Miyuki’s End of Term Reflection

It was my second fall term as a DHA at Carleton. During the first half of the term, I spend my time working together with other new DHAs to instruct them how to navigate WordPress sites. As it was the beginning of the term, we also worked on cleaning up outdated information and link within the DH domains. Because there was a huge site migration from old sites to other ones during the summer, we also checked the broken links using a link checker page by page.

During the second half of the term, working with Grace and Frank, I mainly helped the HIST116 project with creating and setting a WordPress site. I started with customizing the site appearance including its color scheme, font, and so on. I especially enjoyed deciding on colors, because depending on colors, the site’s impression could change completely. Regarding the site structure, we decided to use pages instead of posts to put content created by students. Because the professor wanted the site sorted by just a theme of content–not by a category–we thought pages would work better by attributing each page to a parental page linked to one theme.

For the next term, I’m looking forward to collaborating with other DHAs and exploring new tools!

Working Together Makes Solving Problems Fun. - Dr Evil and Henchmen  laughing - and then they said | Make a Meme

Miyuki’s Introduction

Hello! My name is Miyuki (she/her) and I am a junior History major and Philosophy minor from Tokyo, Japan. This is going to be my second year as a Digital Humanities Associate, and I’m excited to work on more DH projects!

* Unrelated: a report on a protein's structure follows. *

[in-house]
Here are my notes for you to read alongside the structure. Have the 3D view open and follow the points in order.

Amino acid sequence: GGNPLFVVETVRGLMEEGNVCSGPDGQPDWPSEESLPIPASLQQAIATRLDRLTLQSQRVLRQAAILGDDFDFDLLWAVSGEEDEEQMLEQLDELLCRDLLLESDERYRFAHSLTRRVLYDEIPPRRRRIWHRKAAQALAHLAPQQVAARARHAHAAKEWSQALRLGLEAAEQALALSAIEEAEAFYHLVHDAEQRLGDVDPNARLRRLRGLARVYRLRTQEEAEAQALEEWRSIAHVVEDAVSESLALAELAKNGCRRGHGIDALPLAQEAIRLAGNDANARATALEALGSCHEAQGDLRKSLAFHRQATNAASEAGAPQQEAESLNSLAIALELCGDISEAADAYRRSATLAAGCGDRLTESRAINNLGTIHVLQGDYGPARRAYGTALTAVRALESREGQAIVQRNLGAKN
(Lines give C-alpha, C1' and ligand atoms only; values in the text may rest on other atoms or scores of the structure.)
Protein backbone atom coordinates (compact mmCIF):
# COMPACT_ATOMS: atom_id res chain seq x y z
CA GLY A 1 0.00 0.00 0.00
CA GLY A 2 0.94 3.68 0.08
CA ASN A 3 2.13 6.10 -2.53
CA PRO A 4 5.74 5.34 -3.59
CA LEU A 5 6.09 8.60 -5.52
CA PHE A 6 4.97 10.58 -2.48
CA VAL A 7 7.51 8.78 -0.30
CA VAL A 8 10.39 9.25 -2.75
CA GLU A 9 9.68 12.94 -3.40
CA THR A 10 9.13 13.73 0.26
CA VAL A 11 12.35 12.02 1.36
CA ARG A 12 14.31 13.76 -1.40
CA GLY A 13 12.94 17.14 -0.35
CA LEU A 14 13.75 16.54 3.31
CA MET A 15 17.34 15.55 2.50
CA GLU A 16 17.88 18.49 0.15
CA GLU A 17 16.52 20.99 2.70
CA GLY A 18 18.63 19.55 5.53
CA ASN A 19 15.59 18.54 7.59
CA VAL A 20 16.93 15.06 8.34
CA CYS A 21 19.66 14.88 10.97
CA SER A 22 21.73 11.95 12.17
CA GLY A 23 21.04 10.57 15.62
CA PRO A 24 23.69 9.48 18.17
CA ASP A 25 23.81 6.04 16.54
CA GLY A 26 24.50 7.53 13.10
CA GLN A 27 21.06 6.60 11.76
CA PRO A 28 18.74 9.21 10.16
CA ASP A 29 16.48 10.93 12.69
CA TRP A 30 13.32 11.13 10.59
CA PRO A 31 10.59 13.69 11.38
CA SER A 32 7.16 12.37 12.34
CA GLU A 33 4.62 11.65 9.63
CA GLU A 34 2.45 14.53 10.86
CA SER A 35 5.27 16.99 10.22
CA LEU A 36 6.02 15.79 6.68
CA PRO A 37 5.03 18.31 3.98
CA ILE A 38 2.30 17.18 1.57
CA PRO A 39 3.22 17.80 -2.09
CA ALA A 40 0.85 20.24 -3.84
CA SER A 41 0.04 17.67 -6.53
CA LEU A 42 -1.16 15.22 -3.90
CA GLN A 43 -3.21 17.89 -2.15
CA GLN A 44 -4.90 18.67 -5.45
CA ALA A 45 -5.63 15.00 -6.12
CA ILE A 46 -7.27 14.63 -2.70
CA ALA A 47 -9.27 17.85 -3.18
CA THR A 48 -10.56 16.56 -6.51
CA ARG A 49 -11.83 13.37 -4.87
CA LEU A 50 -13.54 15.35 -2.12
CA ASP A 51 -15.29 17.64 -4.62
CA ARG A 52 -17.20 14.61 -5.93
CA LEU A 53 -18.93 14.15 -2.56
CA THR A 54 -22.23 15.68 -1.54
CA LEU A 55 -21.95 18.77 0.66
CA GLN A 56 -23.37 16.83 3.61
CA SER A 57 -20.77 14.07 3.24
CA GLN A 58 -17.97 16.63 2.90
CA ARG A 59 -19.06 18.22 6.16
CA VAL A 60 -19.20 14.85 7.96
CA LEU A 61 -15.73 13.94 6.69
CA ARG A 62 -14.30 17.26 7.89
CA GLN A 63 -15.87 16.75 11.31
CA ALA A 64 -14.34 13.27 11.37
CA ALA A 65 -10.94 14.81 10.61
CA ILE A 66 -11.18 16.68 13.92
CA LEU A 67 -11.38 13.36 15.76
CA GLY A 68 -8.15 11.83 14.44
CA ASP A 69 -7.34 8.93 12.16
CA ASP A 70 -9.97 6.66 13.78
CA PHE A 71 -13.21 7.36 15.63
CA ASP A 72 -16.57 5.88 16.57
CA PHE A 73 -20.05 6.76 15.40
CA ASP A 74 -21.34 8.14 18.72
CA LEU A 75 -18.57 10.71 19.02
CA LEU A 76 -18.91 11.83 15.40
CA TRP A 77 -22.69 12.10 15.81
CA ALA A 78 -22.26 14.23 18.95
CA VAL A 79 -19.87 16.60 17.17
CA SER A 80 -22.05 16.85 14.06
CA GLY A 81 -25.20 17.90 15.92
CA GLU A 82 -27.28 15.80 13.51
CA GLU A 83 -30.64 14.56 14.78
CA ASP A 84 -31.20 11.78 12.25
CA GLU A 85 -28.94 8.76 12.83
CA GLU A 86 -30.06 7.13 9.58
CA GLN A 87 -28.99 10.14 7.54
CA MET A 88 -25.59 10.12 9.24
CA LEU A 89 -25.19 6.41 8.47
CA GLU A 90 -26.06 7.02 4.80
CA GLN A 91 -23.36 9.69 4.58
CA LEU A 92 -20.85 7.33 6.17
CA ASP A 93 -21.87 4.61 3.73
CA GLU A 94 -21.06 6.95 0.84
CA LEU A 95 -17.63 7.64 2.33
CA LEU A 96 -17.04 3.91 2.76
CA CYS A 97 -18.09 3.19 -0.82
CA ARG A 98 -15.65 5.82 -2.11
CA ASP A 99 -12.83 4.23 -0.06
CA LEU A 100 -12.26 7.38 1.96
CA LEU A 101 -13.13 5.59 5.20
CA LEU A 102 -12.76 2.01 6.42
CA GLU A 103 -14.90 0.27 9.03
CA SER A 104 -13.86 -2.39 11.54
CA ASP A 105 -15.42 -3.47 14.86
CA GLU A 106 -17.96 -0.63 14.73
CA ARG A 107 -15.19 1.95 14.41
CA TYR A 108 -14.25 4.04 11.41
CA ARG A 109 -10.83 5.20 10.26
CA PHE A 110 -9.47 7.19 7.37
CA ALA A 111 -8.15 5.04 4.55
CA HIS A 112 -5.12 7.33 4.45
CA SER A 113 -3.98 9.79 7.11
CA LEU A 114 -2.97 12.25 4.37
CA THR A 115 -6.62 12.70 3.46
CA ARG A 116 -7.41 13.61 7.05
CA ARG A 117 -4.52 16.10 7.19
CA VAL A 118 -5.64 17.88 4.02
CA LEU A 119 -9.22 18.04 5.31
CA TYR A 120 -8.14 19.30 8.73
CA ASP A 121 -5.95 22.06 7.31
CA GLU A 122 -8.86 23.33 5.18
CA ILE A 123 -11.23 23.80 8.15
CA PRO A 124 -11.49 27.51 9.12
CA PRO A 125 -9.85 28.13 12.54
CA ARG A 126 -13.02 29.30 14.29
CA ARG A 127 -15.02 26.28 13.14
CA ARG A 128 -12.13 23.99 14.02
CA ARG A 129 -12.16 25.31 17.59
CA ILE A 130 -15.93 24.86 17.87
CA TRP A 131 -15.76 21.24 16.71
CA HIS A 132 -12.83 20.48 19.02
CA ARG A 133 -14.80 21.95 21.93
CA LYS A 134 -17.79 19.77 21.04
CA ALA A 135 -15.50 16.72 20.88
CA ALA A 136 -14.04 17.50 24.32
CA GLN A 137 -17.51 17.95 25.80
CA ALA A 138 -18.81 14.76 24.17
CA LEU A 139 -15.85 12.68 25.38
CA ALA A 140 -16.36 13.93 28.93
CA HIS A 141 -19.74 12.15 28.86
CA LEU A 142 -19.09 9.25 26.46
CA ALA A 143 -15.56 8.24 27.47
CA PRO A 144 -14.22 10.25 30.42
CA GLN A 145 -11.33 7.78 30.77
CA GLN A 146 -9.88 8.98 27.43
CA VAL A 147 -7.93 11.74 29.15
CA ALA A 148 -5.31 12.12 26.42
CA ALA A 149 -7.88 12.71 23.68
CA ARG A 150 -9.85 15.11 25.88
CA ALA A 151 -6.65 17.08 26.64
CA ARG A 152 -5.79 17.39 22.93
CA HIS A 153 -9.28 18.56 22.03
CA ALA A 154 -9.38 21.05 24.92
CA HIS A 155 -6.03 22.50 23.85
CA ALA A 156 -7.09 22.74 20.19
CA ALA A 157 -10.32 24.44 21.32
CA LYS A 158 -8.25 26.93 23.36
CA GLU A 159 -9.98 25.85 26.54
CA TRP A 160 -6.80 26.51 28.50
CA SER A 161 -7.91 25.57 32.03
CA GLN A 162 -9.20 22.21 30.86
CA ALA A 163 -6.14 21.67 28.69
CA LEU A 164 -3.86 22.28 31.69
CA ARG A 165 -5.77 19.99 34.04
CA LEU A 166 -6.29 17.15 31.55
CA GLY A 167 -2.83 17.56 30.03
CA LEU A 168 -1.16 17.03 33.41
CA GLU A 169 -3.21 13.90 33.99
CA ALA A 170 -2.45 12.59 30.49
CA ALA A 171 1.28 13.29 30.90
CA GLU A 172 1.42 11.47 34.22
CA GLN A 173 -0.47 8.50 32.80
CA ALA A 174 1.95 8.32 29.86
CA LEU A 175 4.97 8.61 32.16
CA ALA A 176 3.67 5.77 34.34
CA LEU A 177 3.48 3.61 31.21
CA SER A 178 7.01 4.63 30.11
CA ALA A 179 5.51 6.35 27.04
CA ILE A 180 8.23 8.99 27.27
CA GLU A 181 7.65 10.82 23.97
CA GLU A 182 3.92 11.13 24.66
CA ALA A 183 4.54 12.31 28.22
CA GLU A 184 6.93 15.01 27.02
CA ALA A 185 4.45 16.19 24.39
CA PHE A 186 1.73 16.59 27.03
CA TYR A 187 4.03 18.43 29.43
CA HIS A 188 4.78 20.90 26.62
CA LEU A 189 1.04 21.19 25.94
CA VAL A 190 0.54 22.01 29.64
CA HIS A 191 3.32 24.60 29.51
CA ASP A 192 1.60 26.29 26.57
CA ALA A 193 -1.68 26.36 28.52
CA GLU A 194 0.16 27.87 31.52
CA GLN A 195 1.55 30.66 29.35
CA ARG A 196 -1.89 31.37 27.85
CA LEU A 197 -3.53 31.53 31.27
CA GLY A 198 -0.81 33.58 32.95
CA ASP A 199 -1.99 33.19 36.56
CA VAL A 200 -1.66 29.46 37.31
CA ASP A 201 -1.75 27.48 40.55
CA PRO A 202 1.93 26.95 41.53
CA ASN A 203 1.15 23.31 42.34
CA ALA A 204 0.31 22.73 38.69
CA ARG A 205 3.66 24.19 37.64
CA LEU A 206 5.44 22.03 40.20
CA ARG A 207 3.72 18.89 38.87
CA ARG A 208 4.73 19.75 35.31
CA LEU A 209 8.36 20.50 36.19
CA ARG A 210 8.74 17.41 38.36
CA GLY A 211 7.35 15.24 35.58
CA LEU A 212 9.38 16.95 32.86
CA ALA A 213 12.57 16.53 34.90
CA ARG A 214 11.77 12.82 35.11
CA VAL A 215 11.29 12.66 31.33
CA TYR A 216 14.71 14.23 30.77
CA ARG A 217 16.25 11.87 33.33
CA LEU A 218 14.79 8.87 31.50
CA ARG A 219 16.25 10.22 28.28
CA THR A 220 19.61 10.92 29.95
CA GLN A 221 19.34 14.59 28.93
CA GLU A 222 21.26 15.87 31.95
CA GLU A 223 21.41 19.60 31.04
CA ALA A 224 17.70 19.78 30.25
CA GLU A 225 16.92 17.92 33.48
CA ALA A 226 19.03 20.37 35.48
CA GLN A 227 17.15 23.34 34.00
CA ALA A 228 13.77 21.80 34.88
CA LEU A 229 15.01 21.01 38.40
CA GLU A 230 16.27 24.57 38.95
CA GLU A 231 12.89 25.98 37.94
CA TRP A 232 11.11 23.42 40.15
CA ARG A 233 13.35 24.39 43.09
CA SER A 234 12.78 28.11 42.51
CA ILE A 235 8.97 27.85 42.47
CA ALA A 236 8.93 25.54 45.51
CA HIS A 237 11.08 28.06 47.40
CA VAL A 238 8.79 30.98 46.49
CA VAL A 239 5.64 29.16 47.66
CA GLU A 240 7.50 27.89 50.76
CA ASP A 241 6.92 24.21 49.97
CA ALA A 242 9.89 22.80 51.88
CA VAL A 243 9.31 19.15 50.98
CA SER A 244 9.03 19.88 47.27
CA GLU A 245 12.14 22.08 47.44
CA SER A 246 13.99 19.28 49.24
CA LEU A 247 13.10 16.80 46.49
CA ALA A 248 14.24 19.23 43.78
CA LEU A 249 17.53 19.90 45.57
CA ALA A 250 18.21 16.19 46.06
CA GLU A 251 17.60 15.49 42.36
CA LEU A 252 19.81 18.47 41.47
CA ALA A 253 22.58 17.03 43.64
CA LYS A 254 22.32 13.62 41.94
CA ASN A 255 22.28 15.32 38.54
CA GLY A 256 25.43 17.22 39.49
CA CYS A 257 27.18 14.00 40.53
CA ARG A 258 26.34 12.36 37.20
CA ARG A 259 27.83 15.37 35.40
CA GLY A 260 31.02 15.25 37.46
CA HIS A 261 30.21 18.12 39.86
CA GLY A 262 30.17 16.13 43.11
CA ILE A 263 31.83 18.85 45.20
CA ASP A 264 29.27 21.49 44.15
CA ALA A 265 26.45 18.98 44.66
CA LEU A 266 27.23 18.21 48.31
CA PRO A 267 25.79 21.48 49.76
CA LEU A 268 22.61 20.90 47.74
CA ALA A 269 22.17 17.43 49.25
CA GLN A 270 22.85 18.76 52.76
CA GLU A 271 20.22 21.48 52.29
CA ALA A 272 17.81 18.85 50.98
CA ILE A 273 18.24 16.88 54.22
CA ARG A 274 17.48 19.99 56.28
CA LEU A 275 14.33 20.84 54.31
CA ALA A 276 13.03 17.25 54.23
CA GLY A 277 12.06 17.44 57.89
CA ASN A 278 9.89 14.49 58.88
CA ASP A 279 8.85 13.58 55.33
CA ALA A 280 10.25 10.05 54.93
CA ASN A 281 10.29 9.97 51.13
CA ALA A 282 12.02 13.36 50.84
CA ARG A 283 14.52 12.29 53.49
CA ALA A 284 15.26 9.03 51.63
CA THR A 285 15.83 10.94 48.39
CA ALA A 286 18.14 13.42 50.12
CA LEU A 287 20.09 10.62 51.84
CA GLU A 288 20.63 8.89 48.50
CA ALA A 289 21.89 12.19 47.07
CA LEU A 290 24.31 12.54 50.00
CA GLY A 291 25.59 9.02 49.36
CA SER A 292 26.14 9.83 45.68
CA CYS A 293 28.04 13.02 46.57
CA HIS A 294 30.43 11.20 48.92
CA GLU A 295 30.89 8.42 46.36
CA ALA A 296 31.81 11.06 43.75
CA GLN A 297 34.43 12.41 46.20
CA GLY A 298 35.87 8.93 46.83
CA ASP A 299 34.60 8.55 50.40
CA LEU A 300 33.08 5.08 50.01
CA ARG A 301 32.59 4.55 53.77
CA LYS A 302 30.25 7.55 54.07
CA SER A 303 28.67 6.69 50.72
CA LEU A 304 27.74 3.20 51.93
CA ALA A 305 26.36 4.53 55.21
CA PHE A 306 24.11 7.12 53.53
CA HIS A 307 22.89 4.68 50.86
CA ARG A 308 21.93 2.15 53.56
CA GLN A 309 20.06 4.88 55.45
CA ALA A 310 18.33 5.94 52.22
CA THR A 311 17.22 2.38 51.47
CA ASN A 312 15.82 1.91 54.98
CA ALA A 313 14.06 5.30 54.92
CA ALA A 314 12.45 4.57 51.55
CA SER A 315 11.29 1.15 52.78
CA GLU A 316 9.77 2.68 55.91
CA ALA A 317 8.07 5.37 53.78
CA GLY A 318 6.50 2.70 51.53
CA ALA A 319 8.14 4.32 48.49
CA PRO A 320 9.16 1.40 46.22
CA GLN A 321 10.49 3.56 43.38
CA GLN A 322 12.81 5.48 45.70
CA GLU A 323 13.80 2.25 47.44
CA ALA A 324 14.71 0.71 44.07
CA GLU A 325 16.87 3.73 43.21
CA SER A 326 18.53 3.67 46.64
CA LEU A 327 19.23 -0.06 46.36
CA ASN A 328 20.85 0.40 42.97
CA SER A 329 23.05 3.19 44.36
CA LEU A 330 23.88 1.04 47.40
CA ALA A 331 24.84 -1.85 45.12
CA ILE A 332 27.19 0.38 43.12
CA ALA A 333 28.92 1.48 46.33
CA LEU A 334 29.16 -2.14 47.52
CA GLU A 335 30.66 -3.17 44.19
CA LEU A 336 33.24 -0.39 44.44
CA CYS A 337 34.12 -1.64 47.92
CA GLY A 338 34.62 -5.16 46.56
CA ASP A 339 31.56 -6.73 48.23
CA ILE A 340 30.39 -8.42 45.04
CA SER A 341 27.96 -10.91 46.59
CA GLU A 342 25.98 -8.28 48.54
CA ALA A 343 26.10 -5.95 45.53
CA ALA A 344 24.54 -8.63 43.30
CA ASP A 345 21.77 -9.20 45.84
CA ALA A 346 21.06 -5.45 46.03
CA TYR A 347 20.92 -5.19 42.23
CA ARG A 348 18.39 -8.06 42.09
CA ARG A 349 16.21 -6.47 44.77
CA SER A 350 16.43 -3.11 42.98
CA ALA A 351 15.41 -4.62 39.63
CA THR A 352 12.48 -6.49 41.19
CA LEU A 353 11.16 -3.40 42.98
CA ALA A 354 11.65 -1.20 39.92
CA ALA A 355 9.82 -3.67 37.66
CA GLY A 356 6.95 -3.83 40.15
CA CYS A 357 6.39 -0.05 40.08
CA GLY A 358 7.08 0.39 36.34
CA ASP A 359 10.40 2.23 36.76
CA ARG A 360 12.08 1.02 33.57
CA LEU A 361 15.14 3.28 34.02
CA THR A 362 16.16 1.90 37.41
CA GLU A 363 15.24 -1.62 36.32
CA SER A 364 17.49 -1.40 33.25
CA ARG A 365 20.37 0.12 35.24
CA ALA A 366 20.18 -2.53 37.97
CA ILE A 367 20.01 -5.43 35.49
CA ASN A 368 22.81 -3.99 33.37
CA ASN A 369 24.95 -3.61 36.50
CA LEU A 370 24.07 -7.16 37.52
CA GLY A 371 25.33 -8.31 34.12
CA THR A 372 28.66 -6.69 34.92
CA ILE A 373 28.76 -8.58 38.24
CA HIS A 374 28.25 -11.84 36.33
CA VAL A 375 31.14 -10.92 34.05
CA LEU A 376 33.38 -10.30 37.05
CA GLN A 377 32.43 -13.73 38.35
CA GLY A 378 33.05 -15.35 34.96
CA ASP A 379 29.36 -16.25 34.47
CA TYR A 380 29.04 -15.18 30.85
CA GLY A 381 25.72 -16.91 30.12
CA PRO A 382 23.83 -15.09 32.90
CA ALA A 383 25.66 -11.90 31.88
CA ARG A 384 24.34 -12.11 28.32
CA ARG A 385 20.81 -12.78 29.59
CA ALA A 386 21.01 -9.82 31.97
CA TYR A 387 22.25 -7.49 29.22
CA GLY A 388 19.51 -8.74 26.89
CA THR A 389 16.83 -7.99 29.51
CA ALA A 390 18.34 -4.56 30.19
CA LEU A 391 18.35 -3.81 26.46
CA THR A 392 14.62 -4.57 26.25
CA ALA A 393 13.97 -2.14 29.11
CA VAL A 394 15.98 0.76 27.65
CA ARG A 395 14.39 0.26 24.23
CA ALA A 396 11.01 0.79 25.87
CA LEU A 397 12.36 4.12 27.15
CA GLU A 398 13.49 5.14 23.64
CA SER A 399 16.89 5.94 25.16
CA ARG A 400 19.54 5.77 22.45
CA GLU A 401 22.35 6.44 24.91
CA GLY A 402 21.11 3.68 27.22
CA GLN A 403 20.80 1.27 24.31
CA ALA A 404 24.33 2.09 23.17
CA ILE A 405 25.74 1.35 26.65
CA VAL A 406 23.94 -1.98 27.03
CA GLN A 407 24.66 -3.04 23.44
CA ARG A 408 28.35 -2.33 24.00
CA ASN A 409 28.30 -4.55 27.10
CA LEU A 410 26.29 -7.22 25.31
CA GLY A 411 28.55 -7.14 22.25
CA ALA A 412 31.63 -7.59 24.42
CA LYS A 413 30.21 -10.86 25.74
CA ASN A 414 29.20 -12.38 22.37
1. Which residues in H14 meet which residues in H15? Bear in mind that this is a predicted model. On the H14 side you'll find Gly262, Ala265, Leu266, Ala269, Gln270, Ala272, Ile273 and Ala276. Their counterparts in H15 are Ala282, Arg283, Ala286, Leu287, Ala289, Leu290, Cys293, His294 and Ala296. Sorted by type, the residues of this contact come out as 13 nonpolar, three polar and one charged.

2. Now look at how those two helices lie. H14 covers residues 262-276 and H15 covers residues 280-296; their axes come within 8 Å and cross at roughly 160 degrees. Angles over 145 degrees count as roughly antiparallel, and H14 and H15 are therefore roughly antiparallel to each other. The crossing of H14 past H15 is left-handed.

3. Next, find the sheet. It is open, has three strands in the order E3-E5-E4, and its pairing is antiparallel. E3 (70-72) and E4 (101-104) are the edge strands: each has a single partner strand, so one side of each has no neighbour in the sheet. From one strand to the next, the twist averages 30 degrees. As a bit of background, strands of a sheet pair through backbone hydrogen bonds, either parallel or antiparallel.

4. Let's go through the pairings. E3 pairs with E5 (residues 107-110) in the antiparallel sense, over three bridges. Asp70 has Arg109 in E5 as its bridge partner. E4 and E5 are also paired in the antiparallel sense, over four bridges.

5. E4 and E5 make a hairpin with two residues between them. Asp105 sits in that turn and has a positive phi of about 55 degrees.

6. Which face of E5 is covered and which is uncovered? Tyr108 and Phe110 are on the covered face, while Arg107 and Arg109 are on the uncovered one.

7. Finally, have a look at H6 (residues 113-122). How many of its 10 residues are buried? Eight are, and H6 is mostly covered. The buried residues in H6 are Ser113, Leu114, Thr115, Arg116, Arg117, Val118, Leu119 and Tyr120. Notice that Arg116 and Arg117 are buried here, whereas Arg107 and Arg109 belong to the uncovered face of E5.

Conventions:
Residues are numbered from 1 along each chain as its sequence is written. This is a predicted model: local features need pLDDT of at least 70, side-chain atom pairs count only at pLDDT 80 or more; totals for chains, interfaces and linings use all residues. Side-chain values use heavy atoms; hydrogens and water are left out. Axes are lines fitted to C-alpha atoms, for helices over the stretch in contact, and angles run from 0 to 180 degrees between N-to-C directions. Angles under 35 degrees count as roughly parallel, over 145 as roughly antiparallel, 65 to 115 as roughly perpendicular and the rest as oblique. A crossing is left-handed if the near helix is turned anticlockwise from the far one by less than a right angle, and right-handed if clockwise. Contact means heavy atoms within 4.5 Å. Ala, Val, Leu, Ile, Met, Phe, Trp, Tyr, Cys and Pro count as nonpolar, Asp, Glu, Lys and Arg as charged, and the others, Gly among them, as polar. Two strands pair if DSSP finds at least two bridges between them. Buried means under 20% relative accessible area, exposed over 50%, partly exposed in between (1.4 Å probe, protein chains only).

As a History major with a strong interest in Public History, I have taken several history courses with digital projects at Carleton, and I’m passionate about thinking how technology can foster humanities. In the last year, I worked on projects using mainly WordPress and Omeka, so I’m hoping to tackle other tools to develop my DH skills this year.

In my spare time, I love creating art, taking photos, and strolling in the Arb.

Updates for 2019 fall term: Creating a WordPress site and Updating the Carleton DHA page

During the fall term 2019, I’ve been working on the WordPress site and updating the Carleton DHA page.

In the former project, collaborating with professors from the Classics Department, I created CHIANTI site, a WordPress site. To add and organize various contents, I used several plugins: Elementor to organize the content pages, Shortcodes and List category posts to order posts sorted by categories on a page, Document Embedder to convert language learning sources to be downloadable, Smart Slider to use a video carousel on the student portal page, and Pods Admin to create a submission form for faculties.

chianti site
French page for the instructors (The var on the left shows the code for showing posts sorted by tags)

In the course of arranging and refining the site, I realized some tips which would be helpful when creating websites at another time. I’ll write them down for future use.